On October 7th, the country eagerly awaited oral argument in the Supreme Court case Harris Funeral Home v. EEOC. Along with two other cases, Harris Funeral Home was to decide whether employment discrimination based on sexual orientation or transgender status would be protected under Title VII of the Civil Rights Act. And regardless of the outcome, it was clear that the oral arguments and eventual decision were to be watershed moments for the LGBTQ+ justice movement.
While the country waited, OutLaws (Yale Law School’s LGBTQ+ affinity group) were hand in hand protesting outside of New Haven’s federal courthouse, all chanting a common refrain – “LGBTQ+ rights are workers’ rights!” We stood there with optimism in the crisp fall night, hopeful that our words and solidarity could make a difference. But the local organizers from the New Haven Pride Center closed the event with a sobering reminder: No matter what happens in this case, the courts won’t save us.
It was hard to disagree with them. Even with landmark LGBTQ+ rights cases like Obergefell & Hively v. Ivy Tech Community College that have expanded LGBTQ+ protections in recent years, there have been countless other ways in which the courts have continued to fail to protect queer folks, be it from discrimination, violence, or hatred. In a year when Anti-LGBT hate crimes have been on the rise and Trump substantially rolled back Trans rights in the federal government, New York ended their ban on conversion therapy, fearful that continuing to uphold it could precipitate a lawsuit setting bad precedent and protecting the practice nationwide. As the federal and Supreme courts continue to become entrenched in their hands of conservative jurists, this situation is only likely to get worse.
This state of affairs seemed completely at odds with what we were learning in the classroom. At Yale and across the country, the first-year legal curriculum focuses almost exclusively on federal and supreme court jurisprudence, often at the expense of ways that lawyers can support community-led movements for social change. Students that want to learn about how to use their training to build power within communities, rather than working within conservative institutions, often have to do so on their own.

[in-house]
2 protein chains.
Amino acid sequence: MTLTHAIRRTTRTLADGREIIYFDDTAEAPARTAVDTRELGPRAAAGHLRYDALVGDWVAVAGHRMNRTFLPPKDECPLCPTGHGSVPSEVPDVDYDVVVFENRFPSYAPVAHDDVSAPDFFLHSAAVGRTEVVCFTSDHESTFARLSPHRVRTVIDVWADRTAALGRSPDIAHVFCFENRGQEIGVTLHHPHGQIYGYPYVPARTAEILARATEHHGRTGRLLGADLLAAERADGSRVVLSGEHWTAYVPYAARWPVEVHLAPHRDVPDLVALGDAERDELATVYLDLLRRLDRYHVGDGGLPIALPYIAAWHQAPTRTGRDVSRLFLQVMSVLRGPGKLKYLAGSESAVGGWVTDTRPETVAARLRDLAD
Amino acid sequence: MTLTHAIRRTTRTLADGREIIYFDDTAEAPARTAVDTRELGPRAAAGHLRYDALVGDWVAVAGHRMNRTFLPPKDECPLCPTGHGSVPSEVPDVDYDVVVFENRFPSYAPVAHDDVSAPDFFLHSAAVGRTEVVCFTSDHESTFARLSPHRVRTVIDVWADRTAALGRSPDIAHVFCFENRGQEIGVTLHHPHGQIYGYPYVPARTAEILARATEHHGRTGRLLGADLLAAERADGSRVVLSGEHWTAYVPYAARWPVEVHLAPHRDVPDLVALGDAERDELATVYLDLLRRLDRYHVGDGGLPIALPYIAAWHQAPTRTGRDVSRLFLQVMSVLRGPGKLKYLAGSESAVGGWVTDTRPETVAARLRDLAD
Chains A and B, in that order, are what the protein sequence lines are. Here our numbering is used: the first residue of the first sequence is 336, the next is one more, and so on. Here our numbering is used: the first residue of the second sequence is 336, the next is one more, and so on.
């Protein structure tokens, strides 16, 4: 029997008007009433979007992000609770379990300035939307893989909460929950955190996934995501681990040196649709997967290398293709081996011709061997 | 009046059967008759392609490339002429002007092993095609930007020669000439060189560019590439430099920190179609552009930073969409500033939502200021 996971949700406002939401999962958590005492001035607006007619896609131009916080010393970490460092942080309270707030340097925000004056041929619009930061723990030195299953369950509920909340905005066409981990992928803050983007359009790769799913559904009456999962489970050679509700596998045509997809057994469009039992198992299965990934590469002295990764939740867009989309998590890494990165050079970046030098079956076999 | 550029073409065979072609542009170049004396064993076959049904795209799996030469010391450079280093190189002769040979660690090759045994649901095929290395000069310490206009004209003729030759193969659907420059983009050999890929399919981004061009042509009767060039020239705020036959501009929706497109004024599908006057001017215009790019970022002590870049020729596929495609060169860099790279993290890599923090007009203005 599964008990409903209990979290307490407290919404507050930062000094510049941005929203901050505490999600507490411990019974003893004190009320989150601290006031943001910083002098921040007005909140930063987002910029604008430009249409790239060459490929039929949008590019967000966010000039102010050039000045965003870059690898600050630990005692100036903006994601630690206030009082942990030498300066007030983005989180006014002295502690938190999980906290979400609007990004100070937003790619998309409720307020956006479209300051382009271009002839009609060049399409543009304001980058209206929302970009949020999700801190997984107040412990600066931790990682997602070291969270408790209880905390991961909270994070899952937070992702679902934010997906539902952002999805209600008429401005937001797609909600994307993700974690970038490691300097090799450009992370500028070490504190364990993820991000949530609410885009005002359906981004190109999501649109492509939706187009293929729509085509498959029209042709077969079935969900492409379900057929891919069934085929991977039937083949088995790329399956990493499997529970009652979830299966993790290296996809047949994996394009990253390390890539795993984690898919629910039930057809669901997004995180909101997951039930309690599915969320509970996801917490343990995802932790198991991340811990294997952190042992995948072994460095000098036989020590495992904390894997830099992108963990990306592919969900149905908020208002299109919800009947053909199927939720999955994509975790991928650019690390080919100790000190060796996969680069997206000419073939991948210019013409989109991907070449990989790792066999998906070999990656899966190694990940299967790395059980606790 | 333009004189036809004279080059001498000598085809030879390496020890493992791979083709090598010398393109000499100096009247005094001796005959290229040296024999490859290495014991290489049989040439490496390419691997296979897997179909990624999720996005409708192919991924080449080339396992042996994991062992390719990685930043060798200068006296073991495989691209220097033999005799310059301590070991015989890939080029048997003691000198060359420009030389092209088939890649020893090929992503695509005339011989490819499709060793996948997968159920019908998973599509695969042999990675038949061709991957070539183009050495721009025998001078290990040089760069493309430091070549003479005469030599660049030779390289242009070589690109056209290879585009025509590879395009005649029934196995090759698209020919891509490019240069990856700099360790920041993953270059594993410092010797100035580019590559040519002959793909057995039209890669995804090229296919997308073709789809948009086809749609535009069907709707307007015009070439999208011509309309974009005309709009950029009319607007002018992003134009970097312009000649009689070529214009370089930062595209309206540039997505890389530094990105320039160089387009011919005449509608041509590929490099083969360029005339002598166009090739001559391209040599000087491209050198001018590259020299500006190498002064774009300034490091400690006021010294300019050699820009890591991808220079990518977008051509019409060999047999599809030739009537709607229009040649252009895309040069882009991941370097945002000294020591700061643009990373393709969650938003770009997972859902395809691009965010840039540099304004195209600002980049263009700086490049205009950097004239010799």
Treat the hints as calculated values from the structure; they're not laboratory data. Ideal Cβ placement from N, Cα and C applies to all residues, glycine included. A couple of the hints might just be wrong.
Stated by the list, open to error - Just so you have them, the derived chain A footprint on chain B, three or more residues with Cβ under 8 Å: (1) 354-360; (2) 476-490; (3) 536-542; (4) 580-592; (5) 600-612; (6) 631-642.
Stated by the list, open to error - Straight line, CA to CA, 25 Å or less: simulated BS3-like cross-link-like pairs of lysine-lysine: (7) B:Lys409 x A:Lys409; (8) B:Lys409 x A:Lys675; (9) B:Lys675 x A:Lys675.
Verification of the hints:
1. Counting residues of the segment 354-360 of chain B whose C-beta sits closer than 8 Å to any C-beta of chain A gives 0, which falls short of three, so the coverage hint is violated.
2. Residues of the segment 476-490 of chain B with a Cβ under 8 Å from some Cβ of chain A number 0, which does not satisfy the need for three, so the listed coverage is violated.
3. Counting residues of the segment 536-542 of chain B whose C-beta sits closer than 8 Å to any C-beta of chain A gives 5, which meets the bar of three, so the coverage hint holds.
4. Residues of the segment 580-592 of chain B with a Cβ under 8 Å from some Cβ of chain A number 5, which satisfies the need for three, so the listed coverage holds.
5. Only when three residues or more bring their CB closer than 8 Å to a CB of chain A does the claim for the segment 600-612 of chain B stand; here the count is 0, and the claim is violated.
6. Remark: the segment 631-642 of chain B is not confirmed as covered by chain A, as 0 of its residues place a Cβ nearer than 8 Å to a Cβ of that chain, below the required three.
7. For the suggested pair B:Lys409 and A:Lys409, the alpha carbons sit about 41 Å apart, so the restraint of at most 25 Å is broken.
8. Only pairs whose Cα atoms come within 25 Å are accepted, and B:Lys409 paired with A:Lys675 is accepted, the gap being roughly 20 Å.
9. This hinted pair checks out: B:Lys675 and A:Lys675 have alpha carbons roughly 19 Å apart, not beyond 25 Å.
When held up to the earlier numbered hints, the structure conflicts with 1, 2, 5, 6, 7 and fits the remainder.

Point, however, has given me the opportunity to learn about and engage at the intersection of law and activism, both on my own and in solidarity with others. For my community service project last semester, I worked with a team of law students on a project supporting community-led campaigns against transphobic legislation in North Carolina. Along the way, we coordinated with Law for Black Lives, a community of POC legal advocates trained in movement lawyering, and learned about their models for promoting social change. This semester, I’m taking what I’ve learned from this experience and helping to coordinate a reading group on Movement Lawyering, talking with professors around the country about what can be done to change the way lawyers think about contributing to social change. Over the summer, I’ll be working in South Africa with organizers and community lawyers to attack the disproportionately applied vagrancy laws that have perpetuated post-Apartheid racial disparities across the region.
Through it all, I’ve been excited to see how my thinking and career goals have changed over time, and am hopeful that these experiences can help inform my future work in criminal legal reform. Whether Harris Funeral Home comes out the right way, there certainly will be much more work to do to advance the movement for LGBTQ+ justice in years to come. And though the courts might not save us, I’m more hopeful now than ever that lawyers can be a part of the solution.
This post was written by FedEx Point Scholar Andrew Ntim.
Andrew is currently studying Law at Yale Law School. Following law school, Andrew hopes to use impact litigation to help end the mass criminalization of queer, black, and brown bodies, and help build movements for LGBTQIA+, economic, and racial justice in the criminal justice reform space. Read more about Andrew here.